November 3, 2011, by Andrew Burden
Medieval treasure to be opened to public view
The 15th-century Wollaton Antiphonal, the most stunning of the medieval manuscripts cared for at the University of Nottingham, is to be made available to the public using the ‘Turning the Pages’ technology pioneered by the British Library.
A research grant from the Arts and Humanities Research Council (AHRC), awarded to Emeritus Professor Thorlac Turville-Petre (School of English Studies), is enabling the creation of a virtual edition of about 40 openings, including all the richly-decorated folios. The project team is based in Manuscripts and Special Collections, where staff have completed the digitisation of the manuscript and explored use of the software. Curators and academic colleagues in the team are creating interpretative content to accompany the images.
The Antiphonal is a religious service book containing the music to the sung portions of the Divine Office. It was used in Wollaton parish church from around 1460 until the Reformation in the 1540s, when Roman Catholic service books in Latin were banned. Most Antiphonals were destroyed, but the Wollaton Antiphonal was saved by members of the Willoughby family and kept in the Library at Wollaton Hall until 1924 when it was returned to the church. The University of Nottingham has cared for the volume on behalf of St Leonard’s parish church since 1974.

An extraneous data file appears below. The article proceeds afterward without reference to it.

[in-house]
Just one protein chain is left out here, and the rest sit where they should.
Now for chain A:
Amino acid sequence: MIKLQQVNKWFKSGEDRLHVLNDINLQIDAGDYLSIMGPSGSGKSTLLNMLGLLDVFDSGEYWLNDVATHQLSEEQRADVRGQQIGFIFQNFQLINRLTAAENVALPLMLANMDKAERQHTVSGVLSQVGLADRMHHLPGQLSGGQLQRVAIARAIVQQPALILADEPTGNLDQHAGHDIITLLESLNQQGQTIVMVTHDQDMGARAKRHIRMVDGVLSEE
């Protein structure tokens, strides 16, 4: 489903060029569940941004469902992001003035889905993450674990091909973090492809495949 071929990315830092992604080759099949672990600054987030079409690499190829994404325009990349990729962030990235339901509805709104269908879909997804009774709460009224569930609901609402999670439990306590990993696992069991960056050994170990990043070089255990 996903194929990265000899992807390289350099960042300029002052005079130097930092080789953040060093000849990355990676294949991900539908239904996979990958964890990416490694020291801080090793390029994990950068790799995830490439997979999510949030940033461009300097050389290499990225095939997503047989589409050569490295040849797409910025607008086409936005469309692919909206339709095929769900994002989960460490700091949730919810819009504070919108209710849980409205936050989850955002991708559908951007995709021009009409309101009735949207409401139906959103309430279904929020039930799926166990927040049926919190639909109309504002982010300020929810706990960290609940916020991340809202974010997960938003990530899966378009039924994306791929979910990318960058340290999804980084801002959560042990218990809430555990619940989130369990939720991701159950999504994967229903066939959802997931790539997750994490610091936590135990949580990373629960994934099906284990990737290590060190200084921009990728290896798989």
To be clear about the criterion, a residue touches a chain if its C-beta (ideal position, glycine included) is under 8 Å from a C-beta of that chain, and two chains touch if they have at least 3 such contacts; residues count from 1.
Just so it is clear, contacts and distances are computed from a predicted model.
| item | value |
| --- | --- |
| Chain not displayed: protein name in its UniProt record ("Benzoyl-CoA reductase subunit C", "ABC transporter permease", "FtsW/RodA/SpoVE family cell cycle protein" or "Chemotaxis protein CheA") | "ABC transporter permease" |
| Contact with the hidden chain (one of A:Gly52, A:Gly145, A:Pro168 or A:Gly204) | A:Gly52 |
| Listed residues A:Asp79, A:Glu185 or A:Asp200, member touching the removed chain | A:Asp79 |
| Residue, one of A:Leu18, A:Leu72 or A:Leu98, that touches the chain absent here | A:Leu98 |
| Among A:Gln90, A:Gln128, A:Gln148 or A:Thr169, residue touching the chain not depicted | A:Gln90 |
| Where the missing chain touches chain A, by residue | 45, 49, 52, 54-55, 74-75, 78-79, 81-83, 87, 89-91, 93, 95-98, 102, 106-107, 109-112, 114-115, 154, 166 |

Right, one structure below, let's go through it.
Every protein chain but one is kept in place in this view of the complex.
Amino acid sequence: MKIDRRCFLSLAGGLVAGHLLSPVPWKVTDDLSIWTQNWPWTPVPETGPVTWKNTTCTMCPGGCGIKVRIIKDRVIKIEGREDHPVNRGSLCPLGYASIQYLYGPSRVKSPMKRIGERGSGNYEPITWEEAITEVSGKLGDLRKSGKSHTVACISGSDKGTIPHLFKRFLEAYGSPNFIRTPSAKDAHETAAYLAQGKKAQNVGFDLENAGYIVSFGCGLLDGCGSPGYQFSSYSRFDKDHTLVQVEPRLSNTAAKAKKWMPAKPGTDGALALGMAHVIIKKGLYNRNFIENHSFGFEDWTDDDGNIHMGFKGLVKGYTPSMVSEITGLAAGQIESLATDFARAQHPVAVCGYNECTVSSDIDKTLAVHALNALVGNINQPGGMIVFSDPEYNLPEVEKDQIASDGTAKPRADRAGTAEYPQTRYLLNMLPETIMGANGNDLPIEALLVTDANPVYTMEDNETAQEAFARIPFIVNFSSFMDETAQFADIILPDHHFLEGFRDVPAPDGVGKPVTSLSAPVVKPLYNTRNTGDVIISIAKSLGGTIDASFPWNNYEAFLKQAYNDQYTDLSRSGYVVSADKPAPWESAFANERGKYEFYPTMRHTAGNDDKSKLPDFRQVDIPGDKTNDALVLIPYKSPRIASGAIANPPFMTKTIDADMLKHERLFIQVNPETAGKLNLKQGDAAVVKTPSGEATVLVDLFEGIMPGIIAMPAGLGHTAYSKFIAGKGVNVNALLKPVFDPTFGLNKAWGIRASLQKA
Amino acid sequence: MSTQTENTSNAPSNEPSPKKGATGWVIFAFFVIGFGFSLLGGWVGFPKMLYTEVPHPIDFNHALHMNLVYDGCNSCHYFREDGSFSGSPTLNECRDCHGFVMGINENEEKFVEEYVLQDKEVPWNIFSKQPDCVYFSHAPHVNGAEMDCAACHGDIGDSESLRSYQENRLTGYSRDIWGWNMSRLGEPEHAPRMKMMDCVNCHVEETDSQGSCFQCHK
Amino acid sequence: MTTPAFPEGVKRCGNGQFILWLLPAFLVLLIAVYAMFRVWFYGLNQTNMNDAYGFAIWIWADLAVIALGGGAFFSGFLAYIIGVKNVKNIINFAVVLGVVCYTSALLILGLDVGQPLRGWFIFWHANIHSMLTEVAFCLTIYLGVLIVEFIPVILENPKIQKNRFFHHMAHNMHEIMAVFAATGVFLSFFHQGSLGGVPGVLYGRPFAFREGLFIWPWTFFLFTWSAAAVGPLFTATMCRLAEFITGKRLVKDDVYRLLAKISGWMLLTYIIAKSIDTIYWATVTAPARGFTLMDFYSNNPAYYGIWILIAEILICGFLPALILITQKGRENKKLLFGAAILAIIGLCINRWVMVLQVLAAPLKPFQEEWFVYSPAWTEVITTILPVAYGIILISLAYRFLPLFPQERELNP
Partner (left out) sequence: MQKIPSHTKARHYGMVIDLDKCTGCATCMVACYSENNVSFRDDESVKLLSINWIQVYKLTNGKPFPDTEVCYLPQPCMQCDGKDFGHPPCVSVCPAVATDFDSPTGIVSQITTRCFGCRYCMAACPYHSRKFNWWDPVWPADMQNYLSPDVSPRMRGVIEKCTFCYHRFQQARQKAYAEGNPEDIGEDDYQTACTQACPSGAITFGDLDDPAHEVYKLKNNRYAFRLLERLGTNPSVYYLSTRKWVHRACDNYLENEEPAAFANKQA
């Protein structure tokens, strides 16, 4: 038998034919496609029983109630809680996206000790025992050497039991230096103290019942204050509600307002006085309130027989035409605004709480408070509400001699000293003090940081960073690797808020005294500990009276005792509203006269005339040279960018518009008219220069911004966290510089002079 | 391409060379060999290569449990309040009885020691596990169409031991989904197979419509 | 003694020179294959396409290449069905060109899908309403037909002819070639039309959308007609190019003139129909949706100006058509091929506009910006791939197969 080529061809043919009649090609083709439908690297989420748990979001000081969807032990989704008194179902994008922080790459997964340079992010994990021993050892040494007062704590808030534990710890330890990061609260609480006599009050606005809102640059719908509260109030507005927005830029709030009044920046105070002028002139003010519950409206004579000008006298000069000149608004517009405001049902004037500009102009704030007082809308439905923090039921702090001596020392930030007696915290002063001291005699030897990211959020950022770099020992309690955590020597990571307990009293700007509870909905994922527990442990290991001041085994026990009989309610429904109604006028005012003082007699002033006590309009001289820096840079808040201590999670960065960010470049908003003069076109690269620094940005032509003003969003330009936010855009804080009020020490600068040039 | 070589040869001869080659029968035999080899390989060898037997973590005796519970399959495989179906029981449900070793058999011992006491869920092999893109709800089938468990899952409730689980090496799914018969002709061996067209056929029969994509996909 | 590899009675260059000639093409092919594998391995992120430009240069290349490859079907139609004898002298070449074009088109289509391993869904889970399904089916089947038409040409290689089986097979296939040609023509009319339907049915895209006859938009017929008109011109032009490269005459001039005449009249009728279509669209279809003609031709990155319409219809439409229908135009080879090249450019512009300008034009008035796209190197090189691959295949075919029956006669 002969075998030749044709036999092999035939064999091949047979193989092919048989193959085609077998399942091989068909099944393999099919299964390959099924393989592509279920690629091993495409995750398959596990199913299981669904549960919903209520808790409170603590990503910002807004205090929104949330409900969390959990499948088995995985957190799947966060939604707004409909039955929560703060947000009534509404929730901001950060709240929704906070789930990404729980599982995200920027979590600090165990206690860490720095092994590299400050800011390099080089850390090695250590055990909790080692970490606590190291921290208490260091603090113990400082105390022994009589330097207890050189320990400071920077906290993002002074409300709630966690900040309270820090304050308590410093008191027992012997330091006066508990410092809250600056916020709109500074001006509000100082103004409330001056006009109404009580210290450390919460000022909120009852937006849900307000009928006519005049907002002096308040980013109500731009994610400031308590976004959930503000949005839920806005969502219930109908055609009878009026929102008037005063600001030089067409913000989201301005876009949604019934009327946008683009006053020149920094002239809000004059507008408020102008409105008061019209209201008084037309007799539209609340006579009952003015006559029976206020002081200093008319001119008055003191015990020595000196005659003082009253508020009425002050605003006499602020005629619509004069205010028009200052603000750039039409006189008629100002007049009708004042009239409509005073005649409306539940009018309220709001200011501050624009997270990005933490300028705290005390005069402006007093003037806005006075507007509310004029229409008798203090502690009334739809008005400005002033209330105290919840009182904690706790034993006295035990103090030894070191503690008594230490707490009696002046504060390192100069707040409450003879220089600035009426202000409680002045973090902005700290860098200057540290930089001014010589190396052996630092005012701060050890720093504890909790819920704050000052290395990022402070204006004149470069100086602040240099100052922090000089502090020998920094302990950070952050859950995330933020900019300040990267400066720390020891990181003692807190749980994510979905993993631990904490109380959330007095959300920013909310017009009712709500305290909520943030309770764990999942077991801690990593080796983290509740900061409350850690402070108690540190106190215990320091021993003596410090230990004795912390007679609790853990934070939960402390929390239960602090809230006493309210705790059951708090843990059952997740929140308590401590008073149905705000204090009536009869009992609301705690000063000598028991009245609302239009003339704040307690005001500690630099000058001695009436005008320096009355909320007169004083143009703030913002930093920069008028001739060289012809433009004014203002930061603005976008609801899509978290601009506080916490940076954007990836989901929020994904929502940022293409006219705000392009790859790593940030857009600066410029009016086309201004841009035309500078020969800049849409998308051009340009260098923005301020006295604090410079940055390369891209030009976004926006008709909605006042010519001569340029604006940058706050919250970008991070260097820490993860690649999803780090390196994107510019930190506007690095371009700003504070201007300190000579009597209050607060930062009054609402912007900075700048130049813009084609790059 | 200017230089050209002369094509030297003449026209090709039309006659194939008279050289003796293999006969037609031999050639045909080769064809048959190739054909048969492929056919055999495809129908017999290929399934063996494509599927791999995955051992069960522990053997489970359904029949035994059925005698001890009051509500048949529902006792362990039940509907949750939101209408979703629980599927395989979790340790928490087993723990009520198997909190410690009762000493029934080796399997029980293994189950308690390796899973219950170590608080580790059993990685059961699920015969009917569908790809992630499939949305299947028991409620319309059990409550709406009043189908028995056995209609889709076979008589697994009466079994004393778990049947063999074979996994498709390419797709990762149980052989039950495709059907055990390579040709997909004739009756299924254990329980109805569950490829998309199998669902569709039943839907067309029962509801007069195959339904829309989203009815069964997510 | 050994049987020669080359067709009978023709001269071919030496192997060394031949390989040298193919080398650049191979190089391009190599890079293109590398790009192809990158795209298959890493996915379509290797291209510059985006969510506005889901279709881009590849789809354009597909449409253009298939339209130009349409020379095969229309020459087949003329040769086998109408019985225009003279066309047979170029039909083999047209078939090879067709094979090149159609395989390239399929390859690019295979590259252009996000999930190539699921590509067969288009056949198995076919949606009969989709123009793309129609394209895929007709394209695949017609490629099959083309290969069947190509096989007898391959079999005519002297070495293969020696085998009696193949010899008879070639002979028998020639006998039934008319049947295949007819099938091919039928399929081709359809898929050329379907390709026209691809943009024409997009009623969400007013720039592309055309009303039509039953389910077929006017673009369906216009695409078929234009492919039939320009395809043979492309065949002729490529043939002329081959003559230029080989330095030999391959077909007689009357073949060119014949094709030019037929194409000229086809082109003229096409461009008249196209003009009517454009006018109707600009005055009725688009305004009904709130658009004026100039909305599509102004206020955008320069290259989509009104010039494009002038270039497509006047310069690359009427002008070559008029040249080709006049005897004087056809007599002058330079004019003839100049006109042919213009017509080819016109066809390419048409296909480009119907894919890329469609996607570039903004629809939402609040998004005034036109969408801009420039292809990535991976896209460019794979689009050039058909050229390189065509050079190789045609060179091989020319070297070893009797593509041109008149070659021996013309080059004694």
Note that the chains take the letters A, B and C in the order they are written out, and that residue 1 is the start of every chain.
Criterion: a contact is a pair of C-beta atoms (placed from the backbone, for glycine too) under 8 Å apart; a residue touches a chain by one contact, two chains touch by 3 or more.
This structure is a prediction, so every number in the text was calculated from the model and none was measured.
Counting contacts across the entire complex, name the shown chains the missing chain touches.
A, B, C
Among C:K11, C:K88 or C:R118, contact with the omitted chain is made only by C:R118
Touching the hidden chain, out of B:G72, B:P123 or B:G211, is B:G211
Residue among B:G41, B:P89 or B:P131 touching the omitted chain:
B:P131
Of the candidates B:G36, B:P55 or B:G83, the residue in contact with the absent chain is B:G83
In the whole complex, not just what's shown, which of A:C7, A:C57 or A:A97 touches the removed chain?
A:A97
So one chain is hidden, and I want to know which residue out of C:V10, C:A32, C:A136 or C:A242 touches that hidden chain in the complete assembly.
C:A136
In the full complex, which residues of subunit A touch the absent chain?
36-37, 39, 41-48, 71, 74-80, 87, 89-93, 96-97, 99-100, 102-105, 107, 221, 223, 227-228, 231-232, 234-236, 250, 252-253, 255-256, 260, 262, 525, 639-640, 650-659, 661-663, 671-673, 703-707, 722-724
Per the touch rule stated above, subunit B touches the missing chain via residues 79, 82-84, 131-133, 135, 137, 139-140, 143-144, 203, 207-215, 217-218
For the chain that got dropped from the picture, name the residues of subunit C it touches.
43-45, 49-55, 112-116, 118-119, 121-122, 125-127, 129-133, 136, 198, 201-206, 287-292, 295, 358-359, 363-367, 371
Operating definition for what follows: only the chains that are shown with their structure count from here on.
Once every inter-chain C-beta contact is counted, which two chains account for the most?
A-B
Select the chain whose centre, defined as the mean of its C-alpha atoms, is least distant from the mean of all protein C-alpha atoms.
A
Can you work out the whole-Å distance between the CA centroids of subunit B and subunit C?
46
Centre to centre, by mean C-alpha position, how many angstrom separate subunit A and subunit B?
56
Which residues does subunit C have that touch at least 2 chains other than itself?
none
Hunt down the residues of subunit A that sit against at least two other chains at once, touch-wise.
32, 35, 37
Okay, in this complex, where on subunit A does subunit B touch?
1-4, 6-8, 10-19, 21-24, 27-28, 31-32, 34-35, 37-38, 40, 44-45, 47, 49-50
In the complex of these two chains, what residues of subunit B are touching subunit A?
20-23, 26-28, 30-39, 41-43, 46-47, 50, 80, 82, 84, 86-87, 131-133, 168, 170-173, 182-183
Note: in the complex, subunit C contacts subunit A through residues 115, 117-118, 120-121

The project will enable the Antiphonal to be seen once more in the parish of Wollaton, in digital form. In partnership with the church, the team plans to install a touch-screen kiosk, enabling visitors to browse the manuscript. A later development will deliver an online version of the publication for distant readers.
Providing public access to this important manuscript would not have been possible without extensive conservation work which has been carried out on the Antiphonal over the last ten years. This has been supported by the National Manuscripts Conservation Trust and other funders. It is finally coming to a conclusion, with the rebinding of the Antiphonal in two volumes. Details about the volume’s preservation history will be shown in the virtual publication.
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